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Maggie (2019)
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by Jay Seaver

"Impulsive behavior caught on film."
3 stars

SCREENED AT THE 2019 FANTASIA INTERNATIONAL FILM FESTIVAL: Yi Ok-Seop's "Maggie" is a genuinely peculiar little picture, and maybe could have done well being a little smaller with its eccentricity a bit more specific. It winds up being fun in spots while not quite living up to its ambitions in others, but the clever bits are quite fun.

It opens at the "Love of Maria" hospital, a former convent that has been converted into a private hospital that, with things like a space-themed x-ray room, can often seem like a fancy hotel. Nurse Yeo Yoon-Young (Lee Joo-Young) and her boyfriend Sung-Won (Koo Gyo-Hwan) get it on in that room, and when photographs from its equipment are posted on a bulletin board, chief of orthopedics Lee Kyung-Jin (Moon So-Ri) makes it very clear to Yoon-Young that this is not that sort of place. Meanwhile, Sung-Won has taken a temp job trying to fill the massive sinkholes that are appearing around Seoul, and his co-workers are even bigger screw-ups than he is.

When I was choosing films to see at the festival, the description of Maggie had me thinking it would be a farce about how everybody in a hospital thinks the picture of two people having sex in the x-ray room is their bones and soft tissue, leaving Yoon-Young (who came in to spite Kyung-Jin) and her boss the only people to care for patients and make house calls, so I was probably more disappointed than I should have been when Sung-Won and the sinkhole side winds up taking up more time later, and the really great comic hook is pushed aside. A shame, because the hospital introduces a fun group of characters, several of whom are more memorable than the ones who get actual names, and there's a great sense of dominoes falling as one thing leads to another here. It's how great episodic comedy works, and there's a keen eye for absurd detail that carries forward through the whole film.

The rest is nevertheless a decent-enough movie, but it never has a moment when anything near that interesting is going on, and the story that takes up a good chunk of the movie's back half is never up to that initial high concept. It becomes an aimless-youth picture - which, to be fair, was more or less the assignment - and just an okay one, with a Sung-Won never given an interesting hook to explain why following this screw-up is interesting, other than that he is the boyfriend of the nurse in the front half. Yi and co-writer have the makings of a sharp satire here, as Yoon-Young and Kyung-Jin run themselves ragged trying to see to the bizarre and often self-inflicted injuries of the rich while the world is literally collapsing around them, but the two don't quite connect and play off each other as well as they could (it might make for an interesting double feature with Bong Joon-Ho's Parasite nonetheless).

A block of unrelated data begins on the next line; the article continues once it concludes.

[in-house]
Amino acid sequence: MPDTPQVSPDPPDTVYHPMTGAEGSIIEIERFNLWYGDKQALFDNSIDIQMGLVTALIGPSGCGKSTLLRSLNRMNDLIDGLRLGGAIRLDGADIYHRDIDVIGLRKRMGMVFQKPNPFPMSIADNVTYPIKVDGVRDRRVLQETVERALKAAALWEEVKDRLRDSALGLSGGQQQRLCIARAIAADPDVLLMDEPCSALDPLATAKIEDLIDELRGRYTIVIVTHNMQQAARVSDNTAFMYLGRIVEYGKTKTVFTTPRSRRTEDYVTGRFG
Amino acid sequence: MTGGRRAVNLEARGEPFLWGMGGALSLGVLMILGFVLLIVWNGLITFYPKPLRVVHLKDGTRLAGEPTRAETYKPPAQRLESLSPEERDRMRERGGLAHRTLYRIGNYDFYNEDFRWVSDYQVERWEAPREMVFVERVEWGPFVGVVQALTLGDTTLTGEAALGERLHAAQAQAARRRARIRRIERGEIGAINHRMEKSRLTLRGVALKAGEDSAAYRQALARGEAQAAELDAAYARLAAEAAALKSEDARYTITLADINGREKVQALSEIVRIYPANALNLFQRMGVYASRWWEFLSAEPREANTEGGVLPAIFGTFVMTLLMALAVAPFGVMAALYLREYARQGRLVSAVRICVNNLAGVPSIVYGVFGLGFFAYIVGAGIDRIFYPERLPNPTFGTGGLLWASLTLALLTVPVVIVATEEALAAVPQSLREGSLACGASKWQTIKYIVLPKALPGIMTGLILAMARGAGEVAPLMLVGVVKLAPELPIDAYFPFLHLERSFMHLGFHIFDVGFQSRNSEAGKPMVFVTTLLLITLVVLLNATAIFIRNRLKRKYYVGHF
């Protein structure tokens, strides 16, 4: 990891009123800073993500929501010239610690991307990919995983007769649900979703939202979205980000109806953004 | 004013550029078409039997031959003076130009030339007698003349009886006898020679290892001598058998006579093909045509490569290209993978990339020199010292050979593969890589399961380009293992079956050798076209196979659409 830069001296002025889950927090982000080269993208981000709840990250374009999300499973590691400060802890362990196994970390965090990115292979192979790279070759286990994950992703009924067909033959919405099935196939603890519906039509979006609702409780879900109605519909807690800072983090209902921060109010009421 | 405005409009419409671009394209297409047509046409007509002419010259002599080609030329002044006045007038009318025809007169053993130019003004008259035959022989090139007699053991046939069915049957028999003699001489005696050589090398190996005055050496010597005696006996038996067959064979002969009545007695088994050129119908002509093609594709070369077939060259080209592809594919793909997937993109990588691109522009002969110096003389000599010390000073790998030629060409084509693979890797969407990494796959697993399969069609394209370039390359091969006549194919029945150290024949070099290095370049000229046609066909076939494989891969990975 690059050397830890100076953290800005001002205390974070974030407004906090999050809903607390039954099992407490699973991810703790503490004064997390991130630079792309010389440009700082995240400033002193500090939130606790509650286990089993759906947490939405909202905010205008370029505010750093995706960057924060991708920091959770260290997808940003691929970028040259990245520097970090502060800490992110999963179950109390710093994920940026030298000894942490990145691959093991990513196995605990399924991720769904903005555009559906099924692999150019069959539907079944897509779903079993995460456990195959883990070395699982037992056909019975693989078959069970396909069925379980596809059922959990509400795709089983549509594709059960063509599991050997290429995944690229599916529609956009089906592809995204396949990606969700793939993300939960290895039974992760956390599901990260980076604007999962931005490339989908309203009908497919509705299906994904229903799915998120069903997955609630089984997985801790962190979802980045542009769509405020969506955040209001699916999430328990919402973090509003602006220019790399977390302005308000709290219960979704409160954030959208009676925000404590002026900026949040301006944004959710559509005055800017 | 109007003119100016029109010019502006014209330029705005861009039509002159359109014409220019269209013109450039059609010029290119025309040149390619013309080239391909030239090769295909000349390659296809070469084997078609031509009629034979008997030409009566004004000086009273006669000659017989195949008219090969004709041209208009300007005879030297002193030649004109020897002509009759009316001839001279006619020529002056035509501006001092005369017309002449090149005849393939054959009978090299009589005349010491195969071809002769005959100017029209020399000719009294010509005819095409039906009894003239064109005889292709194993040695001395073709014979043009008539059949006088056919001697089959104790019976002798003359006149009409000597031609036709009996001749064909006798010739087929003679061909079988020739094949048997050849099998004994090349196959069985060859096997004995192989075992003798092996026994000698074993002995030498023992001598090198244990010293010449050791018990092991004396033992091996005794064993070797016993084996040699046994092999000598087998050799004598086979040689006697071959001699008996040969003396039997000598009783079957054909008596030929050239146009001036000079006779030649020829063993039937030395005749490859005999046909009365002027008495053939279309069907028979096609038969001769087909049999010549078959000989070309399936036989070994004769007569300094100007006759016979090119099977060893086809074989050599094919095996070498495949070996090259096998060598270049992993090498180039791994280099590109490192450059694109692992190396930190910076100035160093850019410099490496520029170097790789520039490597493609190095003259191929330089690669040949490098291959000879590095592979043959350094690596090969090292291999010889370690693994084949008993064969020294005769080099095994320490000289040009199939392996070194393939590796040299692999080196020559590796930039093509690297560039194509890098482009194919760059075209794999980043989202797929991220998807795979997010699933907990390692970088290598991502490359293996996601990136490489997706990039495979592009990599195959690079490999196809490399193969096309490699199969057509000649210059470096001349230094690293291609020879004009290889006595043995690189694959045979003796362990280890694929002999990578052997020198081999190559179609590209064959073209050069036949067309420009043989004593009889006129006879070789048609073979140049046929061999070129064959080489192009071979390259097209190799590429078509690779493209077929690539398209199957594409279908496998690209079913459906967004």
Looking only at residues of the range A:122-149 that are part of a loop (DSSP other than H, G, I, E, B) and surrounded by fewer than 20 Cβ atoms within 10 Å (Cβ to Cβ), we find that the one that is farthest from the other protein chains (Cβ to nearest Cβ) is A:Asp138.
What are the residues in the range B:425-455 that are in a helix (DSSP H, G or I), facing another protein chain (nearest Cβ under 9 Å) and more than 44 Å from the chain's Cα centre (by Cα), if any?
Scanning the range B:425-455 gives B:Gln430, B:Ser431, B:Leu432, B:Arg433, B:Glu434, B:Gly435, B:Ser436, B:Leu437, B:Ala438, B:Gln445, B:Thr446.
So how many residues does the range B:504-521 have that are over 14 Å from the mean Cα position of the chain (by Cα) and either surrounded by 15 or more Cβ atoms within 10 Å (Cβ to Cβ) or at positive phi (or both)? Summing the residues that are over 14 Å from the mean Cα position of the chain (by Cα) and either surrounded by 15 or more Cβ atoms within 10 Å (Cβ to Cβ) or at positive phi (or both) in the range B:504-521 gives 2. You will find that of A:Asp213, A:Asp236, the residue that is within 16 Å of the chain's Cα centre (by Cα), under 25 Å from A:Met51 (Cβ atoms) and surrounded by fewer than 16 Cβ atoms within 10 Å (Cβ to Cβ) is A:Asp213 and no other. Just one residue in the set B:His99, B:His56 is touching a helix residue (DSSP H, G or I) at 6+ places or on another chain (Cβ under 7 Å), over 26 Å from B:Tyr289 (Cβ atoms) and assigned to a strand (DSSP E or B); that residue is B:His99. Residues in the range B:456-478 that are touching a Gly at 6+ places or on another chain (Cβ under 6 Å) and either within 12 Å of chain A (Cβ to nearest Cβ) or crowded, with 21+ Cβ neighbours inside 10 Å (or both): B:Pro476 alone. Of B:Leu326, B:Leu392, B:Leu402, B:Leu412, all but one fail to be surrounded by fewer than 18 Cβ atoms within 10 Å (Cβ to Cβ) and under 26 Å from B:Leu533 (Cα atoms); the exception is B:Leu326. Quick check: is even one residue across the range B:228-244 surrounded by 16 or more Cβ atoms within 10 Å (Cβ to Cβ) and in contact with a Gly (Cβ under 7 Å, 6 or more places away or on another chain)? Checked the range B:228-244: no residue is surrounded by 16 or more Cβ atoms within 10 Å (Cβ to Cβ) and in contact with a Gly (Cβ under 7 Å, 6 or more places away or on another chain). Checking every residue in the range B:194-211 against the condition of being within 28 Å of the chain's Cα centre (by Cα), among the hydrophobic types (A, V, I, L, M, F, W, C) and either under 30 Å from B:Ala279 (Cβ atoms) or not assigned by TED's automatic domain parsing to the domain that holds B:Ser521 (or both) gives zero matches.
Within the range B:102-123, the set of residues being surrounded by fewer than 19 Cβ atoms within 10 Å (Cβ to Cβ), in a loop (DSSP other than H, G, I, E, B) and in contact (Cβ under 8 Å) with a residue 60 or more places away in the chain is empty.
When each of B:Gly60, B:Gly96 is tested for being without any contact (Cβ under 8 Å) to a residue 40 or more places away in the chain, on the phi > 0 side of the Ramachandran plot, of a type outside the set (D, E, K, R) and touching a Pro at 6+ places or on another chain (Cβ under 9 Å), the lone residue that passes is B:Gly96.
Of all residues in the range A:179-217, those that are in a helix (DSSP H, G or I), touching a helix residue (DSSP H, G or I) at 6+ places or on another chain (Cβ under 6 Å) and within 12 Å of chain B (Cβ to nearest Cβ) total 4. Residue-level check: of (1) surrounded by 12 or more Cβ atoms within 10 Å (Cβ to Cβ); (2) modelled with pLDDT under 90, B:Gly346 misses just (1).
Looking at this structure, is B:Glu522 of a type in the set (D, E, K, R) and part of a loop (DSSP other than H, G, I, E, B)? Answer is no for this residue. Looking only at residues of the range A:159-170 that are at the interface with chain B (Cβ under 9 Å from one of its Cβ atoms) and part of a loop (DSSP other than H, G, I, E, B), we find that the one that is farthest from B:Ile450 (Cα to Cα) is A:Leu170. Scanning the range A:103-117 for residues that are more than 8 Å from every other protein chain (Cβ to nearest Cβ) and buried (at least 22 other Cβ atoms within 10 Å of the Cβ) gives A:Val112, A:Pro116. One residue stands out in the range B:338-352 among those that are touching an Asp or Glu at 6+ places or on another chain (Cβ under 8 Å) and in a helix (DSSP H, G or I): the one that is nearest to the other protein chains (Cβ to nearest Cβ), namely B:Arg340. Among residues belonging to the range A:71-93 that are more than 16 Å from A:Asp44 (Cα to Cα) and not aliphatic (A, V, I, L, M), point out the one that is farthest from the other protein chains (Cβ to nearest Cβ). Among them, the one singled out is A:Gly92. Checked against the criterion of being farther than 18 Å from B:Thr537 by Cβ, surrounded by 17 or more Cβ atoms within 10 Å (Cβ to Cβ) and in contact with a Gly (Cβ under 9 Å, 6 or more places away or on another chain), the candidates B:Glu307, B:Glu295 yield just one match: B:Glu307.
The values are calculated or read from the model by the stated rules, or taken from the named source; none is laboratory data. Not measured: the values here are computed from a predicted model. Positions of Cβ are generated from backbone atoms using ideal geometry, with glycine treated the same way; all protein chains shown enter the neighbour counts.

The film nevertheless has a nice lead performance, with Lee Joo-Young able to dive onto her character's sometimes frustratingly contrary nature, grabbing the screen even when she's supposed to be kind of secondary, able to pitch Yoon-Young's cynicism without making her hard. She pushes back, makes impulsive decisions, and contradicts herself, but that's a much more interesting take on uncertain youth than her boyfriend's relative passivity. Koo Kyo-Hwan isn't bad as Sung-Won, doing befuddlement well and acting as straight man against the more flamboyant characters working at the sinkholes. Moon So-Ri makes Kyung-Jin a fun pairing with Yoon-Young, just officious enough to clash but sympathetic against the strangeness.

Taken as a whole, "Maggie" is at least enjoyably odd, even before getting into how the title character is actually "The Fish Who Saved the Planet". Director Yi has some good ideas executed well here, but some of them might have been better saved for another movie while giving the others more room to play here.

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originally posted: 03/01/20 06:38:45
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OFFICIAL SELECTION: 2019 Fantasia International Film Festival For more in the 2019 Fantasia International Film Festival series, click here.

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Directed by
  Ok-seop Yi

Written by
  Ok-seop Yi
  Gyo-hwan Koo

  Ju-young Lee
  Kyo-hwan Koo
  So-ri Moon
  Gyo-hwan Koo

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